On April 29th, 2017, SanDiego350 and partner organizations put on our local version of the People’s Climate March. This march was held last in 2014 and around 1,500 people participated. This year, the goal was to double that number, but that’s not what happened. Instead, the rally and march drew over 5,000 people. A success by any measure, and that was matched by the tens of thousands across the country and across the world who took part in the collective march. There is no doubt our demands on our leaders to respect science in general and climate science in particular, to get in step with nearly all the rest of the world, was heard. Perhaps our voices were even loud enough to break through the walls that separate some people’s alternate worlds from ours. This is critical, because while our collective knowledge makes us powerful, our individual ignorance makes us dangerous. And one day’s march, no matter how many people take part, will not solve the problem. Only sustained presence, sustained demands, will impel our leaders to act on our demands and on the needs of our planet and the life it sustains.

–Mark [Read more…]

Lonely? Try Talking about Cow Flatulence

By Bellamy Dryden

This past Saturday, April 29, I celebrated an important milestone with 5,000 strangers at the Peoples Climate March in downtown San Diego. After that same march in 2014 I adopted a vegan diet, cold turkey, so to speak. It was one of the best decisions I’ve ever made. Three years later, I’m healthier and happier.

2017 People's Climate March

2017 People’s Climate March. Photo courtesy of SanDiego350.

What better way to celebrate than with a perfect stranger holding a sign that says “Cow Farts are Destroying the Planet”?

I changed my diet for two reasons. One: it’s an easy and useful way for me to help combat climate change. Two:  it meant that I would never, ever, EVER have to eat a cricket burger with a side of mealworm “fries.”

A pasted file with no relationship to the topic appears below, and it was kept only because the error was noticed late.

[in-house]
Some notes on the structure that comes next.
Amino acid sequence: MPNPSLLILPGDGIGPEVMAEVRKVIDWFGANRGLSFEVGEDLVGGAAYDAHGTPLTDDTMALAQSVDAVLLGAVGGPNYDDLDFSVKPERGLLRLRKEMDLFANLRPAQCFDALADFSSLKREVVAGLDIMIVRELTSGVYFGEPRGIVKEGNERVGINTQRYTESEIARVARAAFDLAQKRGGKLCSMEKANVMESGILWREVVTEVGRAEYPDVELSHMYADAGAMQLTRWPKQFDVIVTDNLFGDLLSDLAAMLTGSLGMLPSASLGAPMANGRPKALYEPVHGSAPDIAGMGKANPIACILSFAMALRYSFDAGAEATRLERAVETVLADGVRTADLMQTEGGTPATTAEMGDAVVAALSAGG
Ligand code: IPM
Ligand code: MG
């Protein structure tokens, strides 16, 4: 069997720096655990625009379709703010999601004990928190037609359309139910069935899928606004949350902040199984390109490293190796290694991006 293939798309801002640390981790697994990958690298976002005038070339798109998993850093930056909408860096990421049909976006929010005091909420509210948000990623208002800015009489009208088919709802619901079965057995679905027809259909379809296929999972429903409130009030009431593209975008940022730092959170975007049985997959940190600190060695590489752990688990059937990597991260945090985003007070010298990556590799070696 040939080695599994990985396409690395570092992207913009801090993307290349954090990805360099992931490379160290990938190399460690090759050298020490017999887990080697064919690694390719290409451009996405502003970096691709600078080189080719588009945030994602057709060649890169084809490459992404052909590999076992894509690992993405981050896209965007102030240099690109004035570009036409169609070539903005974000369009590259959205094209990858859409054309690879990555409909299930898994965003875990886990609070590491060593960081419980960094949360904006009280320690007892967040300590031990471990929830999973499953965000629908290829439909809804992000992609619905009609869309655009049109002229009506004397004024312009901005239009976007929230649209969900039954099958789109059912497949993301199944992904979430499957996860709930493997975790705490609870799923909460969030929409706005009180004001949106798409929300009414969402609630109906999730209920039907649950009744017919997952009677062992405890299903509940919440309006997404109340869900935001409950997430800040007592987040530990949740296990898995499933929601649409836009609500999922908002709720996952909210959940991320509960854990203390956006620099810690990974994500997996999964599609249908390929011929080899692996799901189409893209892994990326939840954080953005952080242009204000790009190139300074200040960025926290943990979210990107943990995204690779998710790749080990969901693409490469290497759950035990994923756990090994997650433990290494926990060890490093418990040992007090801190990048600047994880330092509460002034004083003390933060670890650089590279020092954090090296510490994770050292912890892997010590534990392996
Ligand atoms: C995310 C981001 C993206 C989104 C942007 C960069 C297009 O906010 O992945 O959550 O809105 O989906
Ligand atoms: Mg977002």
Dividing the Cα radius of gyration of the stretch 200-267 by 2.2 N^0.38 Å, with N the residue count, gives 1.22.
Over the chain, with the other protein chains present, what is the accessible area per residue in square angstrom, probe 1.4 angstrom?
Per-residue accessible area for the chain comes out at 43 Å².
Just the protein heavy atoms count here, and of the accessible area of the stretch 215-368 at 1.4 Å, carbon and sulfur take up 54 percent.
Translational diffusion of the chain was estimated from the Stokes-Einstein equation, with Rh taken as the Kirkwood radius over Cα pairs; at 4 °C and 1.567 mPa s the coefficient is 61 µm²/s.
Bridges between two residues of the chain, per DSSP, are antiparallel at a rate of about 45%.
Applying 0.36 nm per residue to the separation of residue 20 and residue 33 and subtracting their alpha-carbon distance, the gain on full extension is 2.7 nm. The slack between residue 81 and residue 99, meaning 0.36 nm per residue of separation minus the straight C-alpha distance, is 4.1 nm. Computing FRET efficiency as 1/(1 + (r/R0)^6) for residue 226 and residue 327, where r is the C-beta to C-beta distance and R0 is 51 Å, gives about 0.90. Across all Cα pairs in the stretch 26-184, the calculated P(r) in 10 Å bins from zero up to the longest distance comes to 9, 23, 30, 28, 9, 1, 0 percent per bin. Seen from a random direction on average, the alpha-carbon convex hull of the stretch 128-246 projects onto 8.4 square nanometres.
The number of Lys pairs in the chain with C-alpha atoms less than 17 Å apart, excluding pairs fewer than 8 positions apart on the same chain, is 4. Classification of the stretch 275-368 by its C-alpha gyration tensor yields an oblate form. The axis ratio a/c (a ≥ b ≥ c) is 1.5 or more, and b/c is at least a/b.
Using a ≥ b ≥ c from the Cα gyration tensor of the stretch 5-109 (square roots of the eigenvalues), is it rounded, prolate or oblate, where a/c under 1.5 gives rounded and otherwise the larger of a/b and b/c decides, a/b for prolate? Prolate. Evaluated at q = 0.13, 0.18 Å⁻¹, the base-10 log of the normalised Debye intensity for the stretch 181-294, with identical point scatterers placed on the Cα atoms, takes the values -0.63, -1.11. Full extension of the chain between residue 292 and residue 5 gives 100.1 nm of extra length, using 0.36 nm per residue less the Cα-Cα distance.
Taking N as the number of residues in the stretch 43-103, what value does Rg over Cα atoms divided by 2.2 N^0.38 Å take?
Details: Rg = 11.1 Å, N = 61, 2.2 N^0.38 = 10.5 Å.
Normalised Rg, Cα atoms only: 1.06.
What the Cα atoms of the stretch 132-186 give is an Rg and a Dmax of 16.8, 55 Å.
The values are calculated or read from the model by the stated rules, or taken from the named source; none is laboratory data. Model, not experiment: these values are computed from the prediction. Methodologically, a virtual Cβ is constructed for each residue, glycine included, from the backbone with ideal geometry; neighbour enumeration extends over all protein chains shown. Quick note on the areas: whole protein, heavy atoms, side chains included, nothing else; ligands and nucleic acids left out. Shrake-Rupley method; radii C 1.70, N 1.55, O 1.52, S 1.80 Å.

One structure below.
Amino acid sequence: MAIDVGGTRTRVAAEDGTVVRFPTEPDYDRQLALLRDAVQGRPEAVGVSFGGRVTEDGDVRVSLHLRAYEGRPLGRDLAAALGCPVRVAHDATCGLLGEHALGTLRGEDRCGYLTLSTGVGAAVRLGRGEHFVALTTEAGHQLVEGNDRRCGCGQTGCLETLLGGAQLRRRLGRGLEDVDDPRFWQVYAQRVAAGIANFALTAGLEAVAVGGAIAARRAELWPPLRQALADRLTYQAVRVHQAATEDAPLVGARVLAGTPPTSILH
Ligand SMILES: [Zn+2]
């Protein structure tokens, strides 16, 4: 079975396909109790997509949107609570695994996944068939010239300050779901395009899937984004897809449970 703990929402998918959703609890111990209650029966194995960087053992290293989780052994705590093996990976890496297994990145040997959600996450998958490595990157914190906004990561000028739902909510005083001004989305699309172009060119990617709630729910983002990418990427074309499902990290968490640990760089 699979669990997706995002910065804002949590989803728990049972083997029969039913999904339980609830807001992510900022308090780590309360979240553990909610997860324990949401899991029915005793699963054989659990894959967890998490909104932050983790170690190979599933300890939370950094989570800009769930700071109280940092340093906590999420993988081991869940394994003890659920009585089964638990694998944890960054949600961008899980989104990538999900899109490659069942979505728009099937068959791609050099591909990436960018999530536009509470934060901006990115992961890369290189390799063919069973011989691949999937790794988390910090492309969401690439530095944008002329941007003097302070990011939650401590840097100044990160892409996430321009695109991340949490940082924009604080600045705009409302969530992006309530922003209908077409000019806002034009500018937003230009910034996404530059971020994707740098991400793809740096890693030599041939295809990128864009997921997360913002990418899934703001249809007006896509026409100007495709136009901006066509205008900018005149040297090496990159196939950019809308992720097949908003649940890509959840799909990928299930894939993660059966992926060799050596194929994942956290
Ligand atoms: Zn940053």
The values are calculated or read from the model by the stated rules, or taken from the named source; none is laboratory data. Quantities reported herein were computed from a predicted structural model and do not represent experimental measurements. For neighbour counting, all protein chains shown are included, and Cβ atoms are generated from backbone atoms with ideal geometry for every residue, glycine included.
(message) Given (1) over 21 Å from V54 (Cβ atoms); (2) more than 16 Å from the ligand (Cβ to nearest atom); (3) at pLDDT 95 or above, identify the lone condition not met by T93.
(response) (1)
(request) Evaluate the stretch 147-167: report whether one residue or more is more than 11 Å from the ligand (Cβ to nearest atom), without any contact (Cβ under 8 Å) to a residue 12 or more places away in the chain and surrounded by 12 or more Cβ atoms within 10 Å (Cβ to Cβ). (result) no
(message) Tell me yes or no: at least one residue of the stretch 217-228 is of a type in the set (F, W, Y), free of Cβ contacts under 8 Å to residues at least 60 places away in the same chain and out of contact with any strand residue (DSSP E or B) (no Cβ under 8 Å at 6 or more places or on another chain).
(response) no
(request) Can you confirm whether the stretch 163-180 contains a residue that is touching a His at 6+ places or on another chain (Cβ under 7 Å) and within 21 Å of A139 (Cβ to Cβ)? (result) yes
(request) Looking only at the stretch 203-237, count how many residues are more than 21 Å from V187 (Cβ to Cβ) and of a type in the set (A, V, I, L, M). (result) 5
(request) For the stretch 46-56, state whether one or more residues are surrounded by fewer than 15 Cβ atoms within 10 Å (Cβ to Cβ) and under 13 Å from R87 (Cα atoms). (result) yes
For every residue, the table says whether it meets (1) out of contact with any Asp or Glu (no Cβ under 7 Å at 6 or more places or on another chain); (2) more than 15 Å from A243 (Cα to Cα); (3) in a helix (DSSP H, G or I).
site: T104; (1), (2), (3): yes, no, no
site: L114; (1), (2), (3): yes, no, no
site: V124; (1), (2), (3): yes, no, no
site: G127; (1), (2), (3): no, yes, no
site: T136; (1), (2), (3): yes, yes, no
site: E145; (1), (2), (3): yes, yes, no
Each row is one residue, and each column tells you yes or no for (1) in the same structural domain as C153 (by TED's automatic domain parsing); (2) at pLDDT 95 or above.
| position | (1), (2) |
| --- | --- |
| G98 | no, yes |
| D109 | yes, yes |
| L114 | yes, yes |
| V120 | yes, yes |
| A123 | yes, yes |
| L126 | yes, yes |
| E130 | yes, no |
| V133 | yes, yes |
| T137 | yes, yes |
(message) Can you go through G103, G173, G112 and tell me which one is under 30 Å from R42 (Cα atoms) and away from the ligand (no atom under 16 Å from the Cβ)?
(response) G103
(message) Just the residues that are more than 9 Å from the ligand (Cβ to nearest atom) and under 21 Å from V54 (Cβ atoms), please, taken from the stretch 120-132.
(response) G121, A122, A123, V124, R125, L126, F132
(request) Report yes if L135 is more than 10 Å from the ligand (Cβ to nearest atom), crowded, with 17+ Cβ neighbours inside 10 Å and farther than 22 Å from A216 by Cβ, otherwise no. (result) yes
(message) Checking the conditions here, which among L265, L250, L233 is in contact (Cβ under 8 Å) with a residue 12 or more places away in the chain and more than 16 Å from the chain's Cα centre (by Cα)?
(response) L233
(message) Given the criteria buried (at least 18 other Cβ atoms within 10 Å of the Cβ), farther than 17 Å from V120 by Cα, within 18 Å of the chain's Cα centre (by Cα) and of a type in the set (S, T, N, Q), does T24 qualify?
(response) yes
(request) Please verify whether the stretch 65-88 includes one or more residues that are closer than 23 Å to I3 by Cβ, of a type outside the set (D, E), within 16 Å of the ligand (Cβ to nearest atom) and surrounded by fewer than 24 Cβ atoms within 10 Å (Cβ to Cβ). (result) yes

Why not celebrate such an important day with friends and family? Well, I’m the only environmental vegan in my circle. Besides, my family and friends are far flung, so we use Facebook to keep in touch. The friends and neighbors I see in real life like me just fine, but online, it’s really lonely being the dietary outlier, the green sheep, the tree-hugging vegan. [Read more…]

SanDiego350 Reports on the Science March

By Pat Masters, SanDiego350

Photo by P. Masters.

Last Saturday’s Science March drew fifteen thousand scientists and science enthusiasts, energized by attacks on science and the environment by the Trump administration. They turned out on Earth Day to march for science and evidence-based policy. The crowds jammed Civic Center Plaza and surrounding streets, their signs urging respect for science and support for research that finds cures, protects the environment, and underpins technology and innovation.

The March for Science started as a social media campaign and grew into rallies in over 600 cities around the world. Organizers spoke up for logic and reason and education. They emphasized the need for scientists to defend scientific discovery, the consensus on climate change, and fight for Planet Earth.

Reflecting intense concern over the administration’s dismissal of climate science, San Diego’s rally kicked off with Professor Ralph Keeling, Scripps Institution of Oceanography, University of California, San Diego – the climate scientist who is carrying on his father’s pioneering research on carbon dioxide measurements that track the rate of global warming. Keeling drew cheers from the crowd by declaring the debate on the reality of climate change “has been over for decades” and 97% of the published science calls climate change a “serious problem, … even that undersells it.” [Read more…]

PRESENT AT THE CREATION

By Ron Bonn, SanDiego350

Originally published in the San Diego Free Press on 4/20/2017

You could say I was present at the creation.

Looking back in our lives, we rarely know exactly when something started. But regular television news coverage of man-made climate change, with all it implies, started on New Year’s Day, 1970.

Ron Bonn

Ron Bonn, courtesy of the author